Lauren Sell, VP of marketing and community services, responds to the most frequent questions heard at the recent Austin Summit.


The summit is an amazing place to ask tough questions about OpenStack, so I wanted to take the opportunity to reflect on the five most common questions I heard in Austin along with a few thoughts on each topic.

Why was the Foundation promoting containers communities like Kubernetes? Isn’t that competitive?

At the Austin Summit, Mark Collier talked about the need to “collaborate or die.” We were deliberately pushing attendees out of their comfort zone to realize that OpenStack alone will not be the future of cloud computing. It’s critical that we become the best integration engine for container orchestration systems, like Kubernetes and Mesos, and platform-as-a-service (PaaS), like Cloud Foundry and OpenShift, to help users build and run cloud-native applications alongside their key business systems.

Many OpenStack users like LivePerson, Time Warner Cable and Lithium Technologies are successfully running Kubernetes and Mesos in OpenStack-managed virtual machines (VMs) today, which has allowed them to quickly roll out these services for their internal customers. That setup may satisfy their use cases indefinitely, but there is also the potential to explore new architectures with container orchestration technologies on OpenStack bare metal with Ironic. We can even re-image the entire infrastructure stack to use technologies like Kubernetes in an integrated deployment managing certain OpenStack services as Alex Polvi of CoreOS demonstrated.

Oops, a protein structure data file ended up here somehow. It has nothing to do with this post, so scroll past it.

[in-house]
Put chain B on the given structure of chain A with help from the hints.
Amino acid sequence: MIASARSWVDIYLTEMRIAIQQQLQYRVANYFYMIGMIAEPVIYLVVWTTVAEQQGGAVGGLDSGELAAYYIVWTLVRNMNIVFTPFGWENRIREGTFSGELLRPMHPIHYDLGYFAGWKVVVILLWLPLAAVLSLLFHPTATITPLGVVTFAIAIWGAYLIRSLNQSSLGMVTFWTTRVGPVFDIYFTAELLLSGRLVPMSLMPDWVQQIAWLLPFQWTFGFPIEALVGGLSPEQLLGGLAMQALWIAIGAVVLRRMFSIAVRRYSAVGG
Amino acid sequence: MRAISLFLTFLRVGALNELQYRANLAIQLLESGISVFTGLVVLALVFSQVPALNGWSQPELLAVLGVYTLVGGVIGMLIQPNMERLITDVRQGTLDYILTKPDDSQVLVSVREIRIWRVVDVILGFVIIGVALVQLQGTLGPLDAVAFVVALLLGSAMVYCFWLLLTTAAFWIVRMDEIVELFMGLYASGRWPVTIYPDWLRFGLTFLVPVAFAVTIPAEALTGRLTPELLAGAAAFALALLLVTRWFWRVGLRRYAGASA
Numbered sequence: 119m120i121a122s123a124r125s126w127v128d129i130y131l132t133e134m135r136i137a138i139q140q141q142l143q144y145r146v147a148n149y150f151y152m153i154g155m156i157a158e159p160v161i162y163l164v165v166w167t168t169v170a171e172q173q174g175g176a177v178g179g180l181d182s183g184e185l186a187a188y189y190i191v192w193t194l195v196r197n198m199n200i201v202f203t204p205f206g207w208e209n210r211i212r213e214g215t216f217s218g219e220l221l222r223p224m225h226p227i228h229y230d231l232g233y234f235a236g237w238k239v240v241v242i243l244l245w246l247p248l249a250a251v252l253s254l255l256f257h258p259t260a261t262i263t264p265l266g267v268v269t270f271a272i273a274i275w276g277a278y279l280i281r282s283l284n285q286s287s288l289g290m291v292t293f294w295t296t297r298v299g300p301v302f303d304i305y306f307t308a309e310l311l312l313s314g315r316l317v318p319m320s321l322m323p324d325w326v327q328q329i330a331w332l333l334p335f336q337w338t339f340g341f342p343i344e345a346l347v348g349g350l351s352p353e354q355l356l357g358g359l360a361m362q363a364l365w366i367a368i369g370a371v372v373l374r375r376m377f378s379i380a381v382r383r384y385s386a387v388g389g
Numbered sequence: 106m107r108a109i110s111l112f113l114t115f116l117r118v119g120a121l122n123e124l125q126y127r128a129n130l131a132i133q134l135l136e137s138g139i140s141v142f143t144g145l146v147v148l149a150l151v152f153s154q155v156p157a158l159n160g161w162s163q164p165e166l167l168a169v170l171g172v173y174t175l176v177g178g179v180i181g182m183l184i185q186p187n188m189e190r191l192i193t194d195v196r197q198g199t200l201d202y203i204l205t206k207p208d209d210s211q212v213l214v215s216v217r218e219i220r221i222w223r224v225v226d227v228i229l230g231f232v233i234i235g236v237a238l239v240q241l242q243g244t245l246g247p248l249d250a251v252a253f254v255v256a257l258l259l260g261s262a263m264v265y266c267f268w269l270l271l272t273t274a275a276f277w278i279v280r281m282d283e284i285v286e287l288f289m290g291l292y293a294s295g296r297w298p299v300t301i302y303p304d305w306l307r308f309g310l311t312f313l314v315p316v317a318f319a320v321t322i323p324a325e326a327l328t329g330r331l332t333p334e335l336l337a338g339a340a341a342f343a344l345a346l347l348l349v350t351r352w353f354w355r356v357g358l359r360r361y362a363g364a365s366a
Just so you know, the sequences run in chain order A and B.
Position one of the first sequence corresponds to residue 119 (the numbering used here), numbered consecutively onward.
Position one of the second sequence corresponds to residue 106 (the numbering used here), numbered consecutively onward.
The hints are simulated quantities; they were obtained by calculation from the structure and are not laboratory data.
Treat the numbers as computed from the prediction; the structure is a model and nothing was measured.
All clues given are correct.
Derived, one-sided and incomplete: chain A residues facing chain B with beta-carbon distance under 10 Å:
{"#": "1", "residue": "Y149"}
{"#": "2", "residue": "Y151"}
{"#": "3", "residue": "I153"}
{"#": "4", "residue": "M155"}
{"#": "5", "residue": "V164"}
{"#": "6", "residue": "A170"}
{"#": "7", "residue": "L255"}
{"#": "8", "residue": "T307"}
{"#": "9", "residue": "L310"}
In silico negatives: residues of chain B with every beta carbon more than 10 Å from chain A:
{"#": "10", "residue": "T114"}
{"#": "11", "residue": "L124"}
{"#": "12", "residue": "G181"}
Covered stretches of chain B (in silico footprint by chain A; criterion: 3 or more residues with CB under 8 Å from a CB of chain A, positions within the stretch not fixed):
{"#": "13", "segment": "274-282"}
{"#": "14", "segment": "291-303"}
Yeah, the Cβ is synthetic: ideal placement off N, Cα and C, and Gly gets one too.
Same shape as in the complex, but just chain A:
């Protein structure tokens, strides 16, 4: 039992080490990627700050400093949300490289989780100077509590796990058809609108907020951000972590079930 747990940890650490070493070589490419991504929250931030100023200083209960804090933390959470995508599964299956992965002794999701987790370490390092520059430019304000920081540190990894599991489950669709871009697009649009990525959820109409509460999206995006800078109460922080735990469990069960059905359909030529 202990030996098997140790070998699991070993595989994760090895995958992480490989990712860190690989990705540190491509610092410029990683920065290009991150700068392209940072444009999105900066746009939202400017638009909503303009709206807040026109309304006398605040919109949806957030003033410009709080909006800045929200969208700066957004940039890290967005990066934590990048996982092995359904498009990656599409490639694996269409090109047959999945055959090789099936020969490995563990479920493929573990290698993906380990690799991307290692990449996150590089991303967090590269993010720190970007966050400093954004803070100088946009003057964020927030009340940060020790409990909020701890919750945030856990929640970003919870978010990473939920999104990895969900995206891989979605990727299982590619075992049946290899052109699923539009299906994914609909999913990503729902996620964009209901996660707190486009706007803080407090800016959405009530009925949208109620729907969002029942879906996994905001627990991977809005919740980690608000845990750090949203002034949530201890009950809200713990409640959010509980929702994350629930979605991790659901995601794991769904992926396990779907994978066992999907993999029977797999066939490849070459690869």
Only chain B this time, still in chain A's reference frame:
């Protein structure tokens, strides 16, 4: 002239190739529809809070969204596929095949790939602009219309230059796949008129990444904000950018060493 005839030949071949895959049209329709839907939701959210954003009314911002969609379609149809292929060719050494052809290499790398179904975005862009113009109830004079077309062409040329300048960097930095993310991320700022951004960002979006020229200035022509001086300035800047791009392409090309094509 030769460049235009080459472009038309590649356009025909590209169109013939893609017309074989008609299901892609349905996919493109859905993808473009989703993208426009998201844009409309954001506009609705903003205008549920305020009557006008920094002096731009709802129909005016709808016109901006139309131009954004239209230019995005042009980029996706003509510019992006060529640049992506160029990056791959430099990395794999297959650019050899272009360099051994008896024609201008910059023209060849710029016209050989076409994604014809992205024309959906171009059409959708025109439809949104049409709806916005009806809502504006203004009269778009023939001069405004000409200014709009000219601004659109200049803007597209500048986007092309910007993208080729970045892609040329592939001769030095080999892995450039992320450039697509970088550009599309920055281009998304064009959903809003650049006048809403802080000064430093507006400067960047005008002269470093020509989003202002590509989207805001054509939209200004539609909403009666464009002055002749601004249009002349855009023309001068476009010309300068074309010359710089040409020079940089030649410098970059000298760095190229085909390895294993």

The main takeaway is that we must embrace and enable new technologies rather than hide away and be bypassed. It’s critical we work closely with adjacent communities like the Cloud Native Computing Foundation, Cloud Foundry and OPNFV to better integrate these technologies and let users lead the way. Together, we’re building the LAMP stack of the cloud. OpenStack technologies play a critical role, but become even more valuable when combined with the right emerging technologies for the right use cases.

Why should I care about network functions virtualization (NFV) if I’m not a telecom? Or, is OpenStack “pivoting” to telecom cloud?

Telecom providers have gained a strong voice in the OpenStack community over the last two years, starting with Toby Ford’s OpenStack Summit keynote in May 2014, where he challenged the community to be the platform for NFV. Since that time, much work has been done to add features and improve performance for telecom use cases. Externally, it’s caused some confusion, so much that The Register proclaimed OpenStack was “pivoting” to telecom, which is simply not true. OpenStack is a set of general purpose infrastructure services, and any application that needs compute, storage and networking will benefit from them. Telecom is a massive market where we’re seeing a lot of adoption, but we continue to see similar growth across private cloud, university/research and even public clouds (more on that later).